After inflation, which we talked about yesterday, the next biggest set of questions I get focus on what the effect of the new tax law will be and whether the higher tax rates in it will derail both the economic recovery and the market. People generally make a good argument about how it will hurt confidence, take money out of consumer and business spending and investment, and generally take us back to a state of depression. I understand the arguments. But two things are missing that would make them convincing: facts and context.
Facts of the New Tax Bill
Let’s start with the facts about the new tax bill. There aren’t any. We don’t have any new laws. What we do have is a set of proposals that are being workshopped in the Democratic Party in Congress. New stories about the process typically focus on what could happen and what might happen, rather than what is actually happening. Right now, the Democrats are figuring out what they might be able to agree to among themselves.
As we are finding out, that may not be all that much as they are by no means unified on policy. Senators Manchin and Sinema are becoming well-known for holding out against some demands of the Democratic left. Large parts of the House Democratic caucus are less famous but equally unwilling to drag the party too far toward higher taxes. Joe Biden himself is famously much more of a deliberate moderate and institutionalist than anything else. The more extreme wings of both political parties get more headlines than the center, but the center is where policy is and will be made. What will happen—if anything at all—is not likely to look all that different, on balance, than where we are right now.
What About the Context?
Well, let’s take a look at corporate taxes, where current rates are at or close to the lowest ever seen. The Trump tax cuts took the marginal rate down to 21 percent from the 35 percent it had been at since the early 1990s, prior to which it was at more than 45 percent. Would raising the corporate marginal rate hurt? No doubt to some extent, but even the proposals now being discussed (which, as noted, are by no means guaranteed to pass) would leave it well below all prior history before the last administration. I suspect companies could figure it out. Indeed, I have seen estimates of a total hit to earnings of around 5 percent, which would certainly not be the end of the world. Even if we get what the Democrats are talking about, the damage would likely be minor.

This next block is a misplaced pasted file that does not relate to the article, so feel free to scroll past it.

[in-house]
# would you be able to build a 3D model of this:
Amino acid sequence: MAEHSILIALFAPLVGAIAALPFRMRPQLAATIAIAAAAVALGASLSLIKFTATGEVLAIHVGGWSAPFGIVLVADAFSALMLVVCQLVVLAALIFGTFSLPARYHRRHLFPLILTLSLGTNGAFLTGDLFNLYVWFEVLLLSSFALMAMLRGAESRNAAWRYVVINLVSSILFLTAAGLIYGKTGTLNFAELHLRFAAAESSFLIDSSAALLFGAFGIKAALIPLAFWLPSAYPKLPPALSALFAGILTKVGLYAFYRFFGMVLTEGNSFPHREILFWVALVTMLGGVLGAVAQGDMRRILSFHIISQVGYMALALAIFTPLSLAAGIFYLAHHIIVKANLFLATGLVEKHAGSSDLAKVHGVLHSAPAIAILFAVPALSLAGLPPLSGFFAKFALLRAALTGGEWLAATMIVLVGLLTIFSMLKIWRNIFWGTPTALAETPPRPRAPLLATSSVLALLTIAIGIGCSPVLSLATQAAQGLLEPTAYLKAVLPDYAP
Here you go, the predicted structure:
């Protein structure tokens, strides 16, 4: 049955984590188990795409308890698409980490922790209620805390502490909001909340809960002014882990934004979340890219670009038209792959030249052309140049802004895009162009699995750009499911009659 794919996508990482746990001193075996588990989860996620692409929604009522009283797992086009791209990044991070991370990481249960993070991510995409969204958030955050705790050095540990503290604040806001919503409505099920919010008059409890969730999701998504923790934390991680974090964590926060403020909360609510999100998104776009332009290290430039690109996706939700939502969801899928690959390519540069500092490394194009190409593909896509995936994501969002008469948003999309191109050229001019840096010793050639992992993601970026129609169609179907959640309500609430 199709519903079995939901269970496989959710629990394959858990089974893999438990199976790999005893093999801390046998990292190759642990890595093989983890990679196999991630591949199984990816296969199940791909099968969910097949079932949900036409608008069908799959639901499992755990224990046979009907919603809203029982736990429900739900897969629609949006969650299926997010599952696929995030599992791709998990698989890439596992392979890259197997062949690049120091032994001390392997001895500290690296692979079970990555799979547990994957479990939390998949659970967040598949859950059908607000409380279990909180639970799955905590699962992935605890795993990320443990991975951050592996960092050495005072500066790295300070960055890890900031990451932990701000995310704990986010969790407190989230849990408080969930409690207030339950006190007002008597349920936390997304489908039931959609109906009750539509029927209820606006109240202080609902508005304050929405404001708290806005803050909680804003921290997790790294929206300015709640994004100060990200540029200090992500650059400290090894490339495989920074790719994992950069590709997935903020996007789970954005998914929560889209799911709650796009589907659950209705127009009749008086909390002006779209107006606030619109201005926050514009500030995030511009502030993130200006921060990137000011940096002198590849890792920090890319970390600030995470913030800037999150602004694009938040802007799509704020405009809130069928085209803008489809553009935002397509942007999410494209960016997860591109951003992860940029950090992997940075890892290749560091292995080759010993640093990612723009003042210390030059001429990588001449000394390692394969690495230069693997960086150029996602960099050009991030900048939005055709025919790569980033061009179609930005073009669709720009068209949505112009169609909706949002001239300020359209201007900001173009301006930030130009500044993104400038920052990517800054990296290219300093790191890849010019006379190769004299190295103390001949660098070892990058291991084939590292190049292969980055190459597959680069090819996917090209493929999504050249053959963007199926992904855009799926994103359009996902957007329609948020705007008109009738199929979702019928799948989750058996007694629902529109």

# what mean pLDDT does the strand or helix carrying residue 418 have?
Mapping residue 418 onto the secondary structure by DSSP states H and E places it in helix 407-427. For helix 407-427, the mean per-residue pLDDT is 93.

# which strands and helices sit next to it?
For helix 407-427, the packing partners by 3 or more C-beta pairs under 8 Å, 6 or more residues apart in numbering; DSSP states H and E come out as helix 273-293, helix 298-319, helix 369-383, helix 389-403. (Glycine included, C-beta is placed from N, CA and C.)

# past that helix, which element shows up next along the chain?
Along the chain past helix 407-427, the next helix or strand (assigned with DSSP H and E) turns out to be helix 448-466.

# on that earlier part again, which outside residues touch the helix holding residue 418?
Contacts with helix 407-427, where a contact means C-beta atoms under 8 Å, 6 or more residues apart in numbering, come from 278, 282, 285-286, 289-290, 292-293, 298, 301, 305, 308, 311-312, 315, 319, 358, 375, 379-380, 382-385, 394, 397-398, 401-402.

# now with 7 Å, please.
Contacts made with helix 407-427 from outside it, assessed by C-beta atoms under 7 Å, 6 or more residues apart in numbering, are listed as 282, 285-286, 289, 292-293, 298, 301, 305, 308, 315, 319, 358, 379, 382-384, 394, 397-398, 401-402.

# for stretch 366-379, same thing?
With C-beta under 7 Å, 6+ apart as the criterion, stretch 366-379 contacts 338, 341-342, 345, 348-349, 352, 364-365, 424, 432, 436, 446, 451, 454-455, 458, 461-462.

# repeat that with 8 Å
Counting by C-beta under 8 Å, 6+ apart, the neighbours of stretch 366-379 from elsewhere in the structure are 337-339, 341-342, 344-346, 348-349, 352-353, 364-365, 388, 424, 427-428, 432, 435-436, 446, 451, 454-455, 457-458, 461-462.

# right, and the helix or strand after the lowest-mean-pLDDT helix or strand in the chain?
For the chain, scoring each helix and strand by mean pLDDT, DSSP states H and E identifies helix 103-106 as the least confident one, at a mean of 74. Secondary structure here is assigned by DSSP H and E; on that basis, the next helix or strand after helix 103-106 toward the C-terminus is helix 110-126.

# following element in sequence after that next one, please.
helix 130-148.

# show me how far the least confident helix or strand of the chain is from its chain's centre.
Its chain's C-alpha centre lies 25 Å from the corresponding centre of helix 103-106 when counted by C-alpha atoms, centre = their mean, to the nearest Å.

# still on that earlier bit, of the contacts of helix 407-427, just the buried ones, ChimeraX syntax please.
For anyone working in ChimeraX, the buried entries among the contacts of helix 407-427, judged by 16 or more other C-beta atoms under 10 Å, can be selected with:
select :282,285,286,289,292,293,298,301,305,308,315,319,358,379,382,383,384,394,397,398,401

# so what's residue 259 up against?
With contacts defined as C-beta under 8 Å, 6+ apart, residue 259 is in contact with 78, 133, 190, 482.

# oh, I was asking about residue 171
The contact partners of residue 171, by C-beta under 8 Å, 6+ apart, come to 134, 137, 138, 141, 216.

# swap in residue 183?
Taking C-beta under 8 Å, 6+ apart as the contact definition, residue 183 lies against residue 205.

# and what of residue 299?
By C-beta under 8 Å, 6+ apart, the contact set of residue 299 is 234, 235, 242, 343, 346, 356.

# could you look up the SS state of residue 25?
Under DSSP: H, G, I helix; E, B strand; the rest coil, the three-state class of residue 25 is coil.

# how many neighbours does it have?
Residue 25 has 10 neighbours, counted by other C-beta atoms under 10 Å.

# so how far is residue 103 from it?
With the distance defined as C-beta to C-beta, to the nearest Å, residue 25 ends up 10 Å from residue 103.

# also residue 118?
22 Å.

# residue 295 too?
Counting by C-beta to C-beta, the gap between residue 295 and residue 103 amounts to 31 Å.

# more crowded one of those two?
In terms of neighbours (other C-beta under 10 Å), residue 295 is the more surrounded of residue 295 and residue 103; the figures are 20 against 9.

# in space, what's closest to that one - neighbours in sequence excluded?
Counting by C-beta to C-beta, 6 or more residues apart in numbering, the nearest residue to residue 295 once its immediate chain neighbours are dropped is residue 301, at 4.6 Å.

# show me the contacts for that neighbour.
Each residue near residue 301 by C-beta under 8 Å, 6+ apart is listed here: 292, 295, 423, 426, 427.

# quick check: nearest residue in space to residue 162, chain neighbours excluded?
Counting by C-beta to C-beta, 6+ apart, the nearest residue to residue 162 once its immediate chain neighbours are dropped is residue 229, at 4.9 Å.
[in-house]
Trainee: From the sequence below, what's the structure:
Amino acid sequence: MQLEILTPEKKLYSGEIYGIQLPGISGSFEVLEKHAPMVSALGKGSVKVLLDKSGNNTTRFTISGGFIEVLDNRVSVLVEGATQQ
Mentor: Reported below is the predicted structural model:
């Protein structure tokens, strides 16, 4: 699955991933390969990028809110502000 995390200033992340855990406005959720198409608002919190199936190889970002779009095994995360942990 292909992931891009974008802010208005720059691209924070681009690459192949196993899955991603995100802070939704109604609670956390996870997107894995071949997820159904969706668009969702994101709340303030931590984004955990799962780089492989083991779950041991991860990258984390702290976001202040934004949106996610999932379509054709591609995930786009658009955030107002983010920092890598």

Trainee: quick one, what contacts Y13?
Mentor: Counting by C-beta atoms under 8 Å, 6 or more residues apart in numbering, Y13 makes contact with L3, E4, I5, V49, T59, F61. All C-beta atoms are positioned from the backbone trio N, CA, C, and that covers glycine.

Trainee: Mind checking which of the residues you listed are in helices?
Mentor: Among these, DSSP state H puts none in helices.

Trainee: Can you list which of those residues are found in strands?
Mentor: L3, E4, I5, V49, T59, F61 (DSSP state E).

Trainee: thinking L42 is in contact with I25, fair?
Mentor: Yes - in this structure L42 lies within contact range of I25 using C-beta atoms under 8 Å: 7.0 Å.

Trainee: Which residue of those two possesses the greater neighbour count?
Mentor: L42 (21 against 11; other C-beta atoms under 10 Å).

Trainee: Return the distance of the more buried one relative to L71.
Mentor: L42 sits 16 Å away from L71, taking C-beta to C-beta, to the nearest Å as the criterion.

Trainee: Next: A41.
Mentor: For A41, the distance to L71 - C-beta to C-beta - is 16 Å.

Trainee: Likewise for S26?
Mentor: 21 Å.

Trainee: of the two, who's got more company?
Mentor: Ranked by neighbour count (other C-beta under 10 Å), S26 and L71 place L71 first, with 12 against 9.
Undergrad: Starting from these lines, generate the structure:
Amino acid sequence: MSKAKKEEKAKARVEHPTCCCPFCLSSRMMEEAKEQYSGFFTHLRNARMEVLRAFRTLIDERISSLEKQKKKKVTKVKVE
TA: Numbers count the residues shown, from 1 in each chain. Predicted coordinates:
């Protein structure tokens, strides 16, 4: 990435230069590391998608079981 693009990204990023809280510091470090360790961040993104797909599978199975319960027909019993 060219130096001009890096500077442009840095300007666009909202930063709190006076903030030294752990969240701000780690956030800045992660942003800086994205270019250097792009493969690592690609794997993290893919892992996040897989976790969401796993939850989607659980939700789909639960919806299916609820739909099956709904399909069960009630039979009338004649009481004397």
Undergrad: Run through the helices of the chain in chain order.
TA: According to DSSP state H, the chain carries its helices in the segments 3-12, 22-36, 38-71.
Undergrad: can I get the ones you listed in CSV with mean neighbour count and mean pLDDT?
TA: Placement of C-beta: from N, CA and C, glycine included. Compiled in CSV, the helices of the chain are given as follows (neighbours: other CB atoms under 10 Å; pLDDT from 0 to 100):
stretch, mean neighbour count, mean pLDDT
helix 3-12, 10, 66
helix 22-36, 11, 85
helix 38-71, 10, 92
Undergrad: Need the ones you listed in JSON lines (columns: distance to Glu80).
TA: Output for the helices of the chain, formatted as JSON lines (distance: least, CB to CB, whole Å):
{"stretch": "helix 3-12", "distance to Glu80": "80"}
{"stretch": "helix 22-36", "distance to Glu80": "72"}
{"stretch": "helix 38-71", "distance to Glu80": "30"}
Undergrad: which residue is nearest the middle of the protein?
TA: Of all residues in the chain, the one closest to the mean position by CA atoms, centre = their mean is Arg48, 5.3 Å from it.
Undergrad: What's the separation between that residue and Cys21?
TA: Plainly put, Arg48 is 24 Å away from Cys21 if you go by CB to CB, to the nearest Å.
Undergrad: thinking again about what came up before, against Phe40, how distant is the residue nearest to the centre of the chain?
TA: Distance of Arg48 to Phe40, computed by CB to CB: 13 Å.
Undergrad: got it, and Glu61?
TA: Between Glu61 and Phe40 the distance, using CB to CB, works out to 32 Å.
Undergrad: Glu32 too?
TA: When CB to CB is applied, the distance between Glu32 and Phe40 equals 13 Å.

And that is even before we consider the positive effects of the higher spending the Democrats are proposing. Yes, higher taxes might hurt the bottom line of companies, but that could easily be largely offset by benefits to the top line as higher spending boosts growth and confidence. Based on the pandemic experience, spending directed to the lowest-earning tranches of the population gets recycled to higher corporate sales and profits. You could argue this is speculative, and it is. But if we are considering the potential negative effects of higher taxes, we need to consider the potential positive effects as well.
Remain Calm and Carry On
Still, none of these effects—positive or negative—is on course at this point. The likely ultimate result will be marginal. For average investors with the bulk of their investments in long-term and tax-deferred holdings, the effects are likely to be even smaller than that.
If taxes are a key part of what makes your strategy work, it does make sense to keep an eye on the process, as something will almost certainly happen. But for most people, it is far too early to start worrying, much less considering changing our investment strategies. Should we pay attention? Yes, and we are. Should we worry? Almost certainly not. And should we make changes? Absolutely not. Not yet, and very likely not at all.